The Federal Government on Tuesday revealed plans to cut the oil price benchmark for the current budget to $20 per barrel. The development would make it the second time the Federal Government is slashing the oil benchmark for the 2020 budget. The sharp fall in the price of crude oil had earlier forced the government to slash the benchmark from $57 per barrel to $30. Minister of Finance, Budget and National Planning, Zainab Ahmed, disclosed the Federal Government’s intention to further slash the benchmark on Tuesday, according to a report by Reuters.
The report said Ahmed spoke during a web conference which focused on the impact of low oil prices on Nigeria’s economy. “We are in the process of an amendment that is bringing down the revenue indicator to $20 per barrel,” the minister said at the conference. Decline in revenue following the sharp fall in the price of crude oil is already taking a toll on Nigeria’s economy and Ahmed had in March disclosed that the N10.59tn budget would be slashed by 15 per cent.
The minister, at the web conference, also said Nigeria’s oil and gas projects would be delivered later than originally planned as a result of upstream budget cuts. The Federal Government is planning to cut oil production to 1.7 million barrels per day from the 2.1 million barrels per day proposed in the 2020 budget. The planned production cut is to be made in line with an agreement reached by the Organisation of Petroleum Exporting Countries and its allies better known as OPEC+.
Reuters also reported that the web conference deliberated on Nigeria’s debt servicing costs. Ahmed said Nigeria was in talks with creditors to defer debt service obligations to 2021 and beyond. Shedding further light on the talks, the minister said, “It is not debt forgiveness; it is just rescheduling of our obligations.” However, the minister did not identify the concerned lenders the government was discussing the debt service deferment plans with.
The minister explained that the request for deferment of debt service was informed by the fact that Nigeria was spending as much as 58 per cent to 60 per cent of its revenue on debt servicing. Similarly, the Director-General of the Budget Office, Ben Akabueze, said oil revenue was expected to fall by more than 80 per cent as a result of the impact of the COVID -19 pandemic. Akabueze noted that the Federal Government had revised its projections and was expecting the economy to contract by 3.4 per cent in 2020.
The government had initially projected a 2.9 per cent growth in the year. The Budget Office boss further noted that the cost of debt servicing was expected to rise by N200bn in 2020. “Nigeria is currently facing significant fiscal risks,” he said, adding that the country remained highly vulnerable to the current global economic disruption caused by the coronavirus crisis. Akabueze said the average production cost of Nigerian crude had been revised downwards from about $33 per barrel to $28 per barrel, with implications for petroleum profit tax.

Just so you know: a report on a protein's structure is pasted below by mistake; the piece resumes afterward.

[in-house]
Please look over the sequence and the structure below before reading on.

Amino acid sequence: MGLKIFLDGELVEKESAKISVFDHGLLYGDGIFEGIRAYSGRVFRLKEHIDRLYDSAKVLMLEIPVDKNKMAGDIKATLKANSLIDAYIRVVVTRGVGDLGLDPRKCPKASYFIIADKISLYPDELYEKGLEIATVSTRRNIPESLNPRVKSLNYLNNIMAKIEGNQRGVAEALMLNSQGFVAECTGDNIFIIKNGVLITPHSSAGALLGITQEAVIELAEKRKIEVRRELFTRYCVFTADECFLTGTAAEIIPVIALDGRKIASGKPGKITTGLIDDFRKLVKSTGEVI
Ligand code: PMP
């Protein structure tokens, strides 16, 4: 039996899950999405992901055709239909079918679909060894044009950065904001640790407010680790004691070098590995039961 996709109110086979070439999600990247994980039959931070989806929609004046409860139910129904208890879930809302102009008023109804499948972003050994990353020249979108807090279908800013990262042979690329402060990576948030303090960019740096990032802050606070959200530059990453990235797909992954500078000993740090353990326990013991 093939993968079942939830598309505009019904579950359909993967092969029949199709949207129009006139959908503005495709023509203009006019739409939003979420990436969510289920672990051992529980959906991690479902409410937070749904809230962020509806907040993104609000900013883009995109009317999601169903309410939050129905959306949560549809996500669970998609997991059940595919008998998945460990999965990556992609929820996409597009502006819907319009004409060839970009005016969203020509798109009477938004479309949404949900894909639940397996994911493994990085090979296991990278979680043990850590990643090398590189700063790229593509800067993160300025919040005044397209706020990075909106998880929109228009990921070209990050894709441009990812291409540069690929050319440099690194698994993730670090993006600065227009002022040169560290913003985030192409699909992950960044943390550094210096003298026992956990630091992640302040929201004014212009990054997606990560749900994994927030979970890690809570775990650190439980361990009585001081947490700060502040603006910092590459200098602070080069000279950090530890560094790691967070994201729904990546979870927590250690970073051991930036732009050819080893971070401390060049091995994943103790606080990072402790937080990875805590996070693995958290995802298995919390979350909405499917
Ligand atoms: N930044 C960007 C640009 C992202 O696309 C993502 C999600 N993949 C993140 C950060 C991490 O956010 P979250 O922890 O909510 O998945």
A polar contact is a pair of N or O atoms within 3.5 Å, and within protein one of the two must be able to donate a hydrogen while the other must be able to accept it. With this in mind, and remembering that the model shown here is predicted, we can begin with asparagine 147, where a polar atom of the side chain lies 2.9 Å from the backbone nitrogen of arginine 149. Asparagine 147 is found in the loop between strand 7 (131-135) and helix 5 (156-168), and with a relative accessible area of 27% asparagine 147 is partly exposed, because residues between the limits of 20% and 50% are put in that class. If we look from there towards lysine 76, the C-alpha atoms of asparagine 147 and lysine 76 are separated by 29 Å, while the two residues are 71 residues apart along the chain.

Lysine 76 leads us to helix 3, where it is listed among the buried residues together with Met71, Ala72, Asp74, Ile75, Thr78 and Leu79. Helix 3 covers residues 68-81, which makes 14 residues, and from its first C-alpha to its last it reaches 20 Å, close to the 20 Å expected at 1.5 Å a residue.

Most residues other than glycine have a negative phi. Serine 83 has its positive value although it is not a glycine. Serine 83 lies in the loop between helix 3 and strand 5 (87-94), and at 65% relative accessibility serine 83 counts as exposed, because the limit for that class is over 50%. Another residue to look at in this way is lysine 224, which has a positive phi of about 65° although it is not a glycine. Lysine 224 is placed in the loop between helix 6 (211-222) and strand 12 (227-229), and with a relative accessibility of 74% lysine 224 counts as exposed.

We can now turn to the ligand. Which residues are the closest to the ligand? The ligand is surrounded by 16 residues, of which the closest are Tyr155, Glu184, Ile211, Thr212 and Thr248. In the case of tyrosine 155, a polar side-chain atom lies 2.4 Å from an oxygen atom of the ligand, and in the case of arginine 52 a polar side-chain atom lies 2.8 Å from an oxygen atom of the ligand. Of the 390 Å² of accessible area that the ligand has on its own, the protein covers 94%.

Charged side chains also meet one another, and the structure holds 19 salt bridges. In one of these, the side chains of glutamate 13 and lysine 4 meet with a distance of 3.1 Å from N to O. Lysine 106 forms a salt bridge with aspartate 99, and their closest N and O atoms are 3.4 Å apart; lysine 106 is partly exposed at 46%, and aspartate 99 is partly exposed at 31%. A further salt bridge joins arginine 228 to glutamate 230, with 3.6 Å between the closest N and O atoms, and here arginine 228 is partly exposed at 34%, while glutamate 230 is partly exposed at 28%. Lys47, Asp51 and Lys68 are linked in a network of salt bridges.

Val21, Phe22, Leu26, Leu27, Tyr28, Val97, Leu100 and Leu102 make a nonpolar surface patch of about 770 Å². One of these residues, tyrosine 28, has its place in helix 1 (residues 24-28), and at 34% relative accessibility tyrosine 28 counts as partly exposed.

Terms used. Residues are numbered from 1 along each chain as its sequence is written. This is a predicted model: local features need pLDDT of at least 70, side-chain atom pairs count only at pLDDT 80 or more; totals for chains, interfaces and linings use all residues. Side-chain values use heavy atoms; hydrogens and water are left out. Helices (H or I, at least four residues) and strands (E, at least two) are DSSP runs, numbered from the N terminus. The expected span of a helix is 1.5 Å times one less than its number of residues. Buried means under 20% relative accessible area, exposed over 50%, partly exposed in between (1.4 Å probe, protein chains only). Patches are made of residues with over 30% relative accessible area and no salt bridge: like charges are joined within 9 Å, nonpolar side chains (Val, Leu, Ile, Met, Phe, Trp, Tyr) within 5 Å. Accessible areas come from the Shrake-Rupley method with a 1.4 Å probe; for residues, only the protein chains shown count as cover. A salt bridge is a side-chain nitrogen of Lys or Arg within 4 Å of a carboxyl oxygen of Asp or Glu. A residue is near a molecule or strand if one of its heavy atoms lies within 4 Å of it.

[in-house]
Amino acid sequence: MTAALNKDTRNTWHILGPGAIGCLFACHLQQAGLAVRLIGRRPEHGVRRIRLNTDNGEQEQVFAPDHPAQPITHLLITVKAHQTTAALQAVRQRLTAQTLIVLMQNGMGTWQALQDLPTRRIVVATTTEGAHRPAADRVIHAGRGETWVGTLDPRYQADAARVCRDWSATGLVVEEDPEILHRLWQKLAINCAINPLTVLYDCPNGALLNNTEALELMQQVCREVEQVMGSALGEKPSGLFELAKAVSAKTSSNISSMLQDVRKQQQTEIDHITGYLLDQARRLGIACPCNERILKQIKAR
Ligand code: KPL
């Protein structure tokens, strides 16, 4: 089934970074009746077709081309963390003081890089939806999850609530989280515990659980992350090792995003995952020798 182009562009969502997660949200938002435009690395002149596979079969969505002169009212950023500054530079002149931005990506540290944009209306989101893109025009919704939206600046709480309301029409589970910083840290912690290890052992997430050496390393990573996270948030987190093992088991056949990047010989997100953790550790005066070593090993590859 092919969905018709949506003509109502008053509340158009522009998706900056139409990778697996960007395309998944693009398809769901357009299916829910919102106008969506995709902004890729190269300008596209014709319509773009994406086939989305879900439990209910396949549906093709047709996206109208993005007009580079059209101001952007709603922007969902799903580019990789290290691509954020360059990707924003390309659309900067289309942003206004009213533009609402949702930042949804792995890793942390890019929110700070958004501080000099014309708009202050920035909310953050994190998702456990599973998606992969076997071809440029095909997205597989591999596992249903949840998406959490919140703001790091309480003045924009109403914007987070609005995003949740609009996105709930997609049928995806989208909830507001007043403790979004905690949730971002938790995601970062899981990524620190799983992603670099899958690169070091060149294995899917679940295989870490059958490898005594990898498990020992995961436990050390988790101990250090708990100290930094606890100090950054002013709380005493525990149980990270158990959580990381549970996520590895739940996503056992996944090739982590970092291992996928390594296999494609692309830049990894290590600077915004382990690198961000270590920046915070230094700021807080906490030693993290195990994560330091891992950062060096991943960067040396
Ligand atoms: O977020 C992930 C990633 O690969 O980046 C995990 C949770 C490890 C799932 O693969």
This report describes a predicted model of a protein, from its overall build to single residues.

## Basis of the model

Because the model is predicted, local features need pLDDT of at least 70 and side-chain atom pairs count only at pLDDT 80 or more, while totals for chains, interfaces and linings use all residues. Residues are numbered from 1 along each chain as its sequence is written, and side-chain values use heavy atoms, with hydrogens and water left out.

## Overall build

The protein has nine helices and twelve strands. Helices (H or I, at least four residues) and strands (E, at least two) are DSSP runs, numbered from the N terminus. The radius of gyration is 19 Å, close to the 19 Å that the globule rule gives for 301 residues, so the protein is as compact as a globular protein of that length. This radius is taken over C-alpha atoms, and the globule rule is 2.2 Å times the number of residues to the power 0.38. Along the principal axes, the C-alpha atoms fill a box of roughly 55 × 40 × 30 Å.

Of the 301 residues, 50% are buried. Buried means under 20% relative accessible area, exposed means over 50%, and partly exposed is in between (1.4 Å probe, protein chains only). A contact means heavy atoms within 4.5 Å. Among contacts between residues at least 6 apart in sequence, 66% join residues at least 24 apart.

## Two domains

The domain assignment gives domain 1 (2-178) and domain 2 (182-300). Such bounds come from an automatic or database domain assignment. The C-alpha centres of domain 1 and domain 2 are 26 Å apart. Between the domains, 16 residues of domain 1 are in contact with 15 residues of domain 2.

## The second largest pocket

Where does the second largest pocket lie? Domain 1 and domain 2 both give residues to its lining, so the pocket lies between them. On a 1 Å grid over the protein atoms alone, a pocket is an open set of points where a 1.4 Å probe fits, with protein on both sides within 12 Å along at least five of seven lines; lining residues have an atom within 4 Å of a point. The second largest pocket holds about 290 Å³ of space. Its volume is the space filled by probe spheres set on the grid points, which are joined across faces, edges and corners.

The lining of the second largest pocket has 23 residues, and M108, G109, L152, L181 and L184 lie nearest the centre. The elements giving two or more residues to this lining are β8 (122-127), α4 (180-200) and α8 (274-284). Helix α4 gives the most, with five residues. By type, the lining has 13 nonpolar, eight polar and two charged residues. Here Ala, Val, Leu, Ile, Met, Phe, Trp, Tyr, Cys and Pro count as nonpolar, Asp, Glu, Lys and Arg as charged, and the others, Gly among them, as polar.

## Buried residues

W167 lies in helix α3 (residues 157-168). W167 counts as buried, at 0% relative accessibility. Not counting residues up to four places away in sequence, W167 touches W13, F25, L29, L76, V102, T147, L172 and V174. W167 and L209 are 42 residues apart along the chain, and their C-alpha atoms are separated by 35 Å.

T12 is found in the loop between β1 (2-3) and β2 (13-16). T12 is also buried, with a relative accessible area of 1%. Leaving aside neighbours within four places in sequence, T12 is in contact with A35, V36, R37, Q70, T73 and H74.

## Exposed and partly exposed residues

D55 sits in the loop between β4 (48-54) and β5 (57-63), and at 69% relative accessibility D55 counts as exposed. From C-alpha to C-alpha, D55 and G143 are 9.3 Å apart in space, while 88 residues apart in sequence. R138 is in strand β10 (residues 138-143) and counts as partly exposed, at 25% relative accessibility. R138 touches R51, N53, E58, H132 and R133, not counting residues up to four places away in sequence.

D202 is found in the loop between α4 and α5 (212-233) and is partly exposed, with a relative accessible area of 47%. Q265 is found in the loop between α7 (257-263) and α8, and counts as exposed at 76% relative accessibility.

He said the estimated net oil and gas revenue available for the Federation Account Allocation Committee distribution had declined by 80 per cent from N5.47tn to N1.12tn. He noted that petrol under-recovery, also known as subsidy, had been reduced from N457bn to zero. Akabueze said projected Customs revenue had dropped from N1.5tn to N1.16tn, while amounts accruable to the Value Added Tax Pool Account declined by N60.42bn from N2.09tn to N2.03tn.
He said the amount accruable to the Federation Account dropped from N8.57tn to N3.89tn, while the projected Federal Government’s receipt from the Federation Account reduced to N2.35tn from N4.83tn. According to him, estimated receipts by states and local governments from the Federation Account dropped to N2.05tn and N1.51tn respectively from N3.34tn and N2.49tn. Minister of State for Budget and National Planning, Prince Clem Agba, on Tuesday said the Federal Government expects the injection of about N2tn stimulus into the economy in response to the COVID-19 pandemic and the fall in oil prices.
Agba spoke at a webinar on “Citizens Dialogue Session on Government Fiscal Policy Decisions to the Fall in Oil Process and the COVID-19 Pandemic” organised by the Ministry of Finance. “All in all, when everything is put together, both government funding and the funds we are expected to get from the Central Bank of Nigeria, Bank of Industry and other multilateral agencies and grants that we are receiving, we expect to get a stimulus of about N2tn going into the economy,” he said.